The problem is not that we don’t know how to do this. It isn’t always as straight-forward as we’d like, thinking globally – there are conflicting interests and historic injustices and communication challenges to work through – but that’s just, work. It’s what the United Nations has spent 70 years helping us learn to do, to get better at. The problem is that human beings are hard-wired for tribalism, especially when we are stressed. We know in our DNA that we don’t survive as lone individuals; we evolved as a social species, and it is only in the rational imagination of the Enlightenment that we exist as separate and independent monads of consciousness. When we are threatened, we retreat, not into the safety of solitude, but into a group that protects and reinforces us. This can be a family, a gang, a religion, a school; any kind of tribe that offers a sense of identity, and especially solidarity in the face of enemies. This kind of inherited tribalism defines itself by the difference between ‘us’ and ‘them’; it gets its energy from that opposition, and in fact if one enemy is obliterated, another one must be discovered, or the group identity will dissolve. When that happens, usually factions will emerge within the group, so that a new form of opponents is established, and a renewed sense of identity can be cultivated against them.
We of course see this process at its most crude and blatant in the way the current political administration encourages animosity toward a whole panoply of ‘enemies’ – immigrants, reporters, uppity women, poor people, gay, lesbian and transgender people, African American people, Jews, protesters, scientists, democrats, and anyone else who gets in their way. The events of this past week – the shootings in Pittsburgh and Kentucky – show that these ideas are not academic speculation; tribalism is a process that, unless recognized and managed, costs real human lives, right now.
I want to suggest this morning that two things are true, difficult as it is to hold them both together in our minds at the same time. The first is that false equivalency is a fantasy we can no longer afford to entertain, and sympathy is not an effective antidote to tyranny. The will to power must be met with power; the power of truth, the power of solidarity, the power of democracy, the power of justice, the power of creativity, the power that rises when we protect the vulnerable and those we love. At the same time, we must not allow ourselves to become tribal in response to our own fears and alarm. We must hold faithfully to the vision of a world for all humanity, and indeed, all creatures. We must resist the temptation to poison our opponents, knowing that whatever toxins we put out into the world inevitably return to poison us, and our children. We must not begin to define ourselves according to our enemies, but only ever by our hopes and our values. We do this, I believe, by becoming the grown ups in the room; by living into our spiritual maturity to the point that we can recognize and manage a toddler’s tantrums without being drawn into escalating shouting matches. If we become coarse and cruel and brutal, we cannot hope to overcome cruelty and brutality in others when they are taking root in our own souls.
This is why the work of the United Nations is, and has always been, important. It is why the vision that is the foundation of that sometimes unfashionable organization can never be obsolete. Our friend Manny Pedram is right; what we have to build is a mosaic; we live in a world that is always being assembled from broken pieces; we build it bit by bit out of the shards of human kinship and understanding, out of all the dreams that are constantly being shattered against the stone walls of oppression, both ancient and modern. Ever so patiently, ever so carefully, we fit them together, the fragments of our shared hopes, as we ponder the question: What is the shape of the future humanity wants?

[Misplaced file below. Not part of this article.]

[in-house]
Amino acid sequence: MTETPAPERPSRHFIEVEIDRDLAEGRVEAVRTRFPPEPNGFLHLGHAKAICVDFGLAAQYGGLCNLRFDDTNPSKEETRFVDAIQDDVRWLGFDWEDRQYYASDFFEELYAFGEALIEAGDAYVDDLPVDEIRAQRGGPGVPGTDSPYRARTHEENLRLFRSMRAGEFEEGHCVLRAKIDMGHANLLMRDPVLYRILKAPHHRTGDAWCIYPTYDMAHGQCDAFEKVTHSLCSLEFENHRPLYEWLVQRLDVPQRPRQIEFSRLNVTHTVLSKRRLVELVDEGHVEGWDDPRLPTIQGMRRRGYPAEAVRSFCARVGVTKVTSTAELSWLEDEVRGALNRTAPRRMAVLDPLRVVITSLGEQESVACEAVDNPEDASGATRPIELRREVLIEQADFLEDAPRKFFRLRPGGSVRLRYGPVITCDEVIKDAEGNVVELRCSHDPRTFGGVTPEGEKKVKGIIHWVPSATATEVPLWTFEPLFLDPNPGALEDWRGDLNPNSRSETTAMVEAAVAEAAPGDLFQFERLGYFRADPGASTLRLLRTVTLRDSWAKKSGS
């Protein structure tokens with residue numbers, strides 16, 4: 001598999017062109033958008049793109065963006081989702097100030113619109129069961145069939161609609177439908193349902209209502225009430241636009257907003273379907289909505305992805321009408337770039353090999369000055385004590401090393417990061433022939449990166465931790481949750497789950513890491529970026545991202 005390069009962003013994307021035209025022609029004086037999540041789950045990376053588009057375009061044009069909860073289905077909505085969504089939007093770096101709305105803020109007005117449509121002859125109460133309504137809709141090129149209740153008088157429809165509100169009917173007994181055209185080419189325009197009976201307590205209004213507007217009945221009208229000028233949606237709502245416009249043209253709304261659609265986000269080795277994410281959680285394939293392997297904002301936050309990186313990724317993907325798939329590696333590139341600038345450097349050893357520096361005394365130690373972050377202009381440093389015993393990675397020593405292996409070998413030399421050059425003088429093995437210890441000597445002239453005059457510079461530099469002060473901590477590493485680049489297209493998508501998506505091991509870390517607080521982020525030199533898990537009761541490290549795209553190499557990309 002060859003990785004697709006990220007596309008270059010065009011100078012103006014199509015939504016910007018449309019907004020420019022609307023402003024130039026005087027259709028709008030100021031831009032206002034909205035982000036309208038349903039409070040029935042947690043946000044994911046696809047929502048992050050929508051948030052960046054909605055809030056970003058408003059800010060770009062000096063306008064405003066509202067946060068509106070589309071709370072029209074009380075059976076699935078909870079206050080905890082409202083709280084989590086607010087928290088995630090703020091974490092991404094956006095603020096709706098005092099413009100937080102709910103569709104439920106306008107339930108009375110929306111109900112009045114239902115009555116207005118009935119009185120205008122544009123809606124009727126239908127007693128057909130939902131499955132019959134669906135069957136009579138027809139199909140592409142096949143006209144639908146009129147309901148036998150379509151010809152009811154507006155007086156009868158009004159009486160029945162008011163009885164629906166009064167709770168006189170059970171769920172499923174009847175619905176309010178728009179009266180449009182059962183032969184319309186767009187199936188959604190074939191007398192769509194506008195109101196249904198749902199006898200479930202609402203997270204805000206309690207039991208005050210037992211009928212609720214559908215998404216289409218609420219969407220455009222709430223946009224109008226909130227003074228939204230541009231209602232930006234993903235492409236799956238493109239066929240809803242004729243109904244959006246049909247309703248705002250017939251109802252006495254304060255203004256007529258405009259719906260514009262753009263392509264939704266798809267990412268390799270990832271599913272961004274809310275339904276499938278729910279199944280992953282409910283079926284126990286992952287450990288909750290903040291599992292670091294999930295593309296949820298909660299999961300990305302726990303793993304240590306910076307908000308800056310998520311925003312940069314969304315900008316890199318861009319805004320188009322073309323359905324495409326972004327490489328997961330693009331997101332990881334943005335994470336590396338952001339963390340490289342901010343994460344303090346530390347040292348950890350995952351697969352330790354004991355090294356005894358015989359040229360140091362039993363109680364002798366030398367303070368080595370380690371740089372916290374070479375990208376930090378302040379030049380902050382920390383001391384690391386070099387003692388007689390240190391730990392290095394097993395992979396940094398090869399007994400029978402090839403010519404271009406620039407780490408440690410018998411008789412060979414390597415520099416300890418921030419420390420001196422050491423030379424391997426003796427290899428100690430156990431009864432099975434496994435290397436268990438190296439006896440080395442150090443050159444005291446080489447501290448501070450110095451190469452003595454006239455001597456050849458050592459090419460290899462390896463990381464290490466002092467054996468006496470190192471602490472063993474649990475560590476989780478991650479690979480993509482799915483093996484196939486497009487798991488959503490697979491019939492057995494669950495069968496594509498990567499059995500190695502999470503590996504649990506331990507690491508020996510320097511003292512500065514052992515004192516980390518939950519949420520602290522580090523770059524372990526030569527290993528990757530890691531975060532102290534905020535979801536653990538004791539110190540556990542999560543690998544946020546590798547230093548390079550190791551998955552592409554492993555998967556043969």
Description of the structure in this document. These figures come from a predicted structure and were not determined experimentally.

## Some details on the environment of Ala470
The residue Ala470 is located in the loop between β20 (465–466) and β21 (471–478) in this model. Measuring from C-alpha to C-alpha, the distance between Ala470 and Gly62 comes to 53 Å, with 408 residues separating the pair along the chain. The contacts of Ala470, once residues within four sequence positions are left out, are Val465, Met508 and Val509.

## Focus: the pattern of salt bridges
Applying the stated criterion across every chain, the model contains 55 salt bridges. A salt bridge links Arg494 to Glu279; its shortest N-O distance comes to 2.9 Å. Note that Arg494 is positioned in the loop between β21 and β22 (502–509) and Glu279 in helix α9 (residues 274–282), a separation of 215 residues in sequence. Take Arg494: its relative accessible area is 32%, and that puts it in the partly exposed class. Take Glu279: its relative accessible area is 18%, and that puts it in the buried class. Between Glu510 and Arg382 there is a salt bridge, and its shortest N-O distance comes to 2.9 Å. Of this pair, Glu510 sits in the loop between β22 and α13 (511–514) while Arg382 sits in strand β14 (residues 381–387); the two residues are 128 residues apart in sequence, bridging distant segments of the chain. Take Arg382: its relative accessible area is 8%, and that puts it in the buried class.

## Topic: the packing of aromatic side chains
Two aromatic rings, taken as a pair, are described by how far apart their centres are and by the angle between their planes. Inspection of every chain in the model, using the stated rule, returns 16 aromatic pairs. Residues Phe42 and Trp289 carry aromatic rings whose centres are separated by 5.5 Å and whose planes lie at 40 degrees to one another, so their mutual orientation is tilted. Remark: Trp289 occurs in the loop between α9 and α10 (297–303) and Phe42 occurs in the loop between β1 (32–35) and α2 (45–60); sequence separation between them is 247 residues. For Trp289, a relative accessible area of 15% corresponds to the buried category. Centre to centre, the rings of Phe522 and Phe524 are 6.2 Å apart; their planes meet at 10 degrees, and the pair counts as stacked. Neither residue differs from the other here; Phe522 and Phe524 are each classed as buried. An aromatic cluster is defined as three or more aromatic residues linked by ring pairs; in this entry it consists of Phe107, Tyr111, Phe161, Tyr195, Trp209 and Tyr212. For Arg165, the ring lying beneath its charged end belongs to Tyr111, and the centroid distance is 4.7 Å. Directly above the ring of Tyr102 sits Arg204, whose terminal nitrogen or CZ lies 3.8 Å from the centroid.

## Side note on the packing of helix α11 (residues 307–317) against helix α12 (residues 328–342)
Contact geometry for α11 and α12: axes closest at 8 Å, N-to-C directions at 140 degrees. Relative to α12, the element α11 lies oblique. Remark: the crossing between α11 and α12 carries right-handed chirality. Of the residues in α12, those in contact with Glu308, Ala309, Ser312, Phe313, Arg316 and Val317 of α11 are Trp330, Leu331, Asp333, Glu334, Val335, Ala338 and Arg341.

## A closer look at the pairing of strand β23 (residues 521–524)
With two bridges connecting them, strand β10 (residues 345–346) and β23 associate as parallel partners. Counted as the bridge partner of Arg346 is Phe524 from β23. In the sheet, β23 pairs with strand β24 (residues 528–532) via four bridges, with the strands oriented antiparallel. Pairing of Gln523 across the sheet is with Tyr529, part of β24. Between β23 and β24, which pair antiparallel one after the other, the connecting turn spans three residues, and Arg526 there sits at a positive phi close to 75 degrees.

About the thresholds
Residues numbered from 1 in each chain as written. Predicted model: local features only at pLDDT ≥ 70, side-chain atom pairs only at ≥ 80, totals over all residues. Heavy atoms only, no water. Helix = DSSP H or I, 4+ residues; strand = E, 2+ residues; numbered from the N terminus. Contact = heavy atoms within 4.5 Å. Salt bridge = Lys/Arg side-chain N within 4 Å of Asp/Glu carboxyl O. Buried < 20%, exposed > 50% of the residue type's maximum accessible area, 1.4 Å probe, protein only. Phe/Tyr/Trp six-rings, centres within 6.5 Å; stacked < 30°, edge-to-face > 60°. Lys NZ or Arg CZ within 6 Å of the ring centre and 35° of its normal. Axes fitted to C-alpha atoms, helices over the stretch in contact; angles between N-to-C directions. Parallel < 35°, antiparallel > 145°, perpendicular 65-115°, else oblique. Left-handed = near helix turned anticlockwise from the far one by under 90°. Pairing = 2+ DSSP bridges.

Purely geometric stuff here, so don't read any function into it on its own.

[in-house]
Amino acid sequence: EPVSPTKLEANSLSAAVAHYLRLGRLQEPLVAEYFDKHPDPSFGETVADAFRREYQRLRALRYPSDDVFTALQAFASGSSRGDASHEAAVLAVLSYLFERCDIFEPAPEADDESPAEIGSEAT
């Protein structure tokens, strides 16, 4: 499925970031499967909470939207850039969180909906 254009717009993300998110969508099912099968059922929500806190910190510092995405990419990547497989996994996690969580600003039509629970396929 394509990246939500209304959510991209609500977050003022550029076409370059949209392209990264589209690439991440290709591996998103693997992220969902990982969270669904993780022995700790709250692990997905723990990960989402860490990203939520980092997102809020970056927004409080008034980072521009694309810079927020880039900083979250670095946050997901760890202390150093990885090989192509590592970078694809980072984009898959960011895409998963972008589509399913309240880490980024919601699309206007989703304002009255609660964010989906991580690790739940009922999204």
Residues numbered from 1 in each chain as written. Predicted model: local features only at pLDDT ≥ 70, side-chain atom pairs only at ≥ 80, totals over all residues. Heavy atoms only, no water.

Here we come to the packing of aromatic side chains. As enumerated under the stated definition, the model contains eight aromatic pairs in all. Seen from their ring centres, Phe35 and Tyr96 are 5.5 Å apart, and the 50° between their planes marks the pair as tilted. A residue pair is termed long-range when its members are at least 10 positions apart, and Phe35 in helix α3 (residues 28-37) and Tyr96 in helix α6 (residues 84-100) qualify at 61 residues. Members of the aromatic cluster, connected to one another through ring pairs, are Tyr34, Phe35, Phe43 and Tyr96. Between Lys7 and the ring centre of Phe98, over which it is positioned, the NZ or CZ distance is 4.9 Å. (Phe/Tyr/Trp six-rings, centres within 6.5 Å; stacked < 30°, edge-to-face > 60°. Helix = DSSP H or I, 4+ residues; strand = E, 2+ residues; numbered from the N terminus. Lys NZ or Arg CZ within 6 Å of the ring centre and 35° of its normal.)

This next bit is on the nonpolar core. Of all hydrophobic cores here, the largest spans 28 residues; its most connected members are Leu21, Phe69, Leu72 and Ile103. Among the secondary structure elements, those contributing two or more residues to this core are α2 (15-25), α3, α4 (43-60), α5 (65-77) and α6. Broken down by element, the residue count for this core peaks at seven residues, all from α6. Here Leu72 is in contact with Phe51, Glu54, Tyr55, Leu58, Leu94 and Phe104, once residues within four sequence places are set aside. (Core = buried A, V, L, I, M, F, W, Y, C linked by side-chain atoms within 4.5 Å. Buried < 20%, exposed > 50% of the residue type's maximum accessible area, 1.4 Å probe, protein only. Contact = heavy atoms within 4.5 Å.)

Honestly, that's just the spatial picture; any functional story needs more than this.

There is no place to have that future but right here, on this globe we share. There is no one to build it but us, and no one to leave it to except our children – all of us carrying that evolutionary curse of tribalism, needing to grow up, called to use our pain and grief to come into adulthood so that we can choose our fate, rather than be lured into it by indolence and false comfort and deceit. The United Nations is a concept and a practice that must be earned anew in each generation, as the human race strives toward maturity and wisdom, to recognize that truth in each of us which transcends enmity as the source of our identity. Only if we can intentionally lay aside the urge to fall back into the trap of exclusivist cadres of selfishness, intolerance, and violence will our generation be one that contributes to the building of that mosaic for the whole of humanity.
We have a choice. We can be globalists, or tribalists. We can put nation first, with arrogance and fear of enemies – this week has shown us the consequences of that option, and they are tragic and terrible. Or we can choose to lean in to a loyalty to all our kindred, here on this sweet, bright blue planet that we all must abide on together. We can choose the legacy and the challenge of the United Nations; the careful, delicate mosaic of understanding in the midst of diversity; the growth into maturity and wisdom that has always been the best hope for our global future. I think you cannot have this fragile, beautiful earth unless you learn, soon, to keep peace; I think you cannot have either wholeness or peace unless you learn to see one indivisible humanity, and one indivisible earth to share.
Shall we lift our voices together in song?
Let us live together in peace.
Let us live with inner serenity.
Let us weave our dreams for the future together.
And when we die, let us die in peace.